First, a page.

Sex + Dating

What Working as a Dominatrix Taught Me About Dating Men

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I’ve been working part time as a dominatrix for two years. Though the endeavor originally started as a simple indulgence of my naturally bossy self and plethora of kinks, I quickly realized that I could be charging men for the pleasure (or pain) of my services -- so I did. Six months ago, I took out several Craigslist ads and trawled through furtive adult sites in search of submissive men who needed a steady, firm hand in their lives.

Despite a persistent rash of (ugh) Fifty Shades of Grey obsession, society is still incredibly misinformed about BDSM and its practices. In my years on the scene, I've seen people cross over to the dark side for many reasons that have little to do with depraved fantasy sex. Some crave the serenity that comes with surrendering control, or simply wielding it in a safe and sane manner.

Contemporary ideas of a dominatrix are largely about super-sadistic women brandishing whips. It’s a popular representation, but not the only one. Of the 20-plus men I’ve sessioned with, I’ve only involved corporal punishment into my sessions twice. Instead, much of my domination involves the mental/emotional play found in kinks like erotic humiliation, tease and denial, sensual domination, and body worship.

Naturally, I’ve learned a lot about dating men from hours of “hurting” them (so to speak), and much of this knowledge has seeped into my dating life. Dating men as a dominant woman has sometimes earned me a bunk reputation; but understanding what makes men tick has helped me avoid undesirable partners who would be turned off by my "unladylike" behavior. I'm building healthier relationships that speak to my standards. Here are some key truths I’ve learned so far:

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Communication is key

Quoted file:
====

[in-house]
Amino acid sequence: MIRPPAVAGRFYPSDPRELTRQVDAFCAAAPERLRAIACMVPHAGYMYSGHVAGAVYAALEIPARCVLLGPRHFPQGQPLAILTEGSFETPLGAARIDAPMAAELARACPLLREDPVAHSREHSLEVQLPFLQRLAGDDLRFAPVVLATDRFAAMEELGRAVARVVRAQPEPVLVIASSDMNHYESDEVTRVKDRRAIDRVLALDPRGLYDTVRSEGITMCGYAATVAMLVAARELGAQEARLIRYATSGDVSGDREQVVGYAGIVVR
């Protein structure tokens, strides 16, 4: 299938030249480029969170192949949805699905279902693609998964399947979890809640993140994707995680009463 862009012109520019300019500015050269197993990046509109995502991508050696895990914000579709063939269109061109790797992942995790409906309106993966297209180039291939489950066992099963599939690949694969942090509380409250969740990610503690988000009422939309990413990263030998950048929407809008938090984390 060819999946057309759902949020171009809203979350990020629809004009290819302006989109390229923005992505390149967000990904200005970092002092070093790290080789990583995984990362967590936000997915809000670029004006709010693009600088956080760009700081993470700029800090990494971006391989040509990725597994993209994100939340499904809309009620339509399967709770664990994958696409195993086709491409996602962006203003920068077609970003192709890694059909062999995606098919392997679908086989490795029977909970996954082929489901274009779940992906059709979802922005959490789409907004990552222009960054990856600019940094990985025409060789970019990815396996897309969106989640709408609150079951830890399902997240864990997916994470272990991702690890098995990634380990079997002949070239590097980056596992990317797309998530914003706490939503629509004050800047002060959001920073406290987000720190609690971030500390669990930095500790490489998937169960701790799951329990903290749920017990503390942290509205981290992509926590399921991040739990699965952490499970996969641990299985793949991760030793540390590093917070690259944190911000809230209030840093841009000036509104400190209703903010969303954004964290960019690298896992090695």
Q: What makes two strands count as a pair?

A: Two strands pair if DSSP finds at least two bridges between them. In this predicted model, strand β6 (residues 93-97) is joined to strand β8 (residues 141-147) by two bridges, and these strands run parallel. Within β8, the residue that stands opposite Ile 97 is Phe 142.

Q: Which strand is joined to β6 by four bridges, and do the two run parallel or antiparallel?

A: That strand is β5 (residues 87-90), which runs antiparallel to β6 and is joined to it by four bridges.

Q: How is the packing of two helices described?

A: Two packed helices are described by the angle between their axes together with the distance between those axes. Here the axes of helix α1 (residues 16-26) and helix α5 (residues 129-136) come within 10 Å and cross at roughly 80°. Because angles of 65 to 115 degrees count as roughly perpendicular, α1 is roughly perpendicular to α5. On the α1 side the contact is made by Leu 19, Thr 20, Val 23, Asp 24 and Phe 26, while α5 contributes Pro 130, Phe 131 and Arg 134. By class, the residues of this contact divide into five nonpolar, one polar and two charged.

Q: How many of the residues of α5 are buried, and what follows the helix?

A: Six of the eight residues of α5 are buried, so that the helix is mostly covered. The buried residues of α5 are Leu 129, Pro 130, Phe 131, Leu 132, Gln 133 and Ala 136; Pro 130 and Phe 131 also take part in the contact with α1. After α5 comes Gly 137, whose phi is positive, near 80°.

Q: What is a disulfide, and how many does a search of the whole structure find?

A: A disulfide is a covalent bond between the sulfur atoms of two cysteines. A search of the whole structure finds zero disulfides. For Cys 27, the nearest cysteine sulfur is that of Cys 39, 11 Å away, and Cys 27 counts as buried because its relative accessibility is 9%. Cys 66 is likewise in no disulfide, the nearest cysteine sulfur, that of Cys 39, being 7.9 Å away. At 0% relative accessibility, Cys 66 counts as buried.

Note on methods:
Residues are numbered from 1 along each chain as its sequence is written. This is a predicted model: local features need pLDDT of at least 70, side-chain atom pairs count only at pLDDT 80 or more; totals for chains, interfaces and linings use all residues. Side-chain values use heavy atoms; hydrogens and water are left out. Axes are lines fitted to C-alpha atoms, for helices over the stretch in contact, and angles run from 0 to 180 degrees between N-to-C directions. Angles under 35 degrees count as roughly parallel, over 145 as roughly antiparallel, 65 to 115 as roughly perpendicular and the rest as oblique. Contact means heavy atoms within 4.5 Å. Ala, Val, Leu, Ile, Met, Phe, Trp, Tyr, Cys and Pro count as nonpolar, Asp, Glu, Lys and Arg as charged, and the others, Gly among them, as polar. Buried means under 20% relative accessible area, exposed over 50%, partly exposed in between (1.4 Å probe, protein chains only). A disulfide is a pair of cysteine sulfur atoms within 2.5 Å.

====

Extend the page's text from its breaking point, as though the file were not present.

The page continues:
Communication is paramount to having a great BDSM session: you need to know what your submissive likes, what they hate, what makes them tick, and what their limits are. There is no faster or better way to gather this information than asking upfront.

After a few dates and a couple of rounds in bed, I take the time to pose similar questions to my partners: what are you into? What would you never try with me? What do you expect in this relationship (if anything)? Yes, sometimes partners are weirded out, but it always works out for the best. My partners and my subs tend to feel more open with me, are more likely to address concerns they may have, and feel less self-conscious about sharing suggestions or fantasies. Communicating openly means less time fumbling about, and more time building a relationship we both flourish in.

If you're not a particularly forward person like I am, take comfort in knowing you'll be introducing an overall healthier practice your partner can use in his or her own life. Turn your questions into pillow talk or sexy foreplay, or sneak them in between commercials -- whatever works for you. You can save yourself a lot of time and energy by understanding what your partner wants and deciding if it works for you, too.

(Some) men will rise to meet your standards

This is a big one for my girlfriends; sometimes, I’ll tell them about the perils of booking a session with me and they’ll ask incredulously: “Did he really do that?” Later, while they're complaining about their own boyfriends/friends with benefits/one-night stands, I'll find myself asking: "Wait, why did you let him do that?"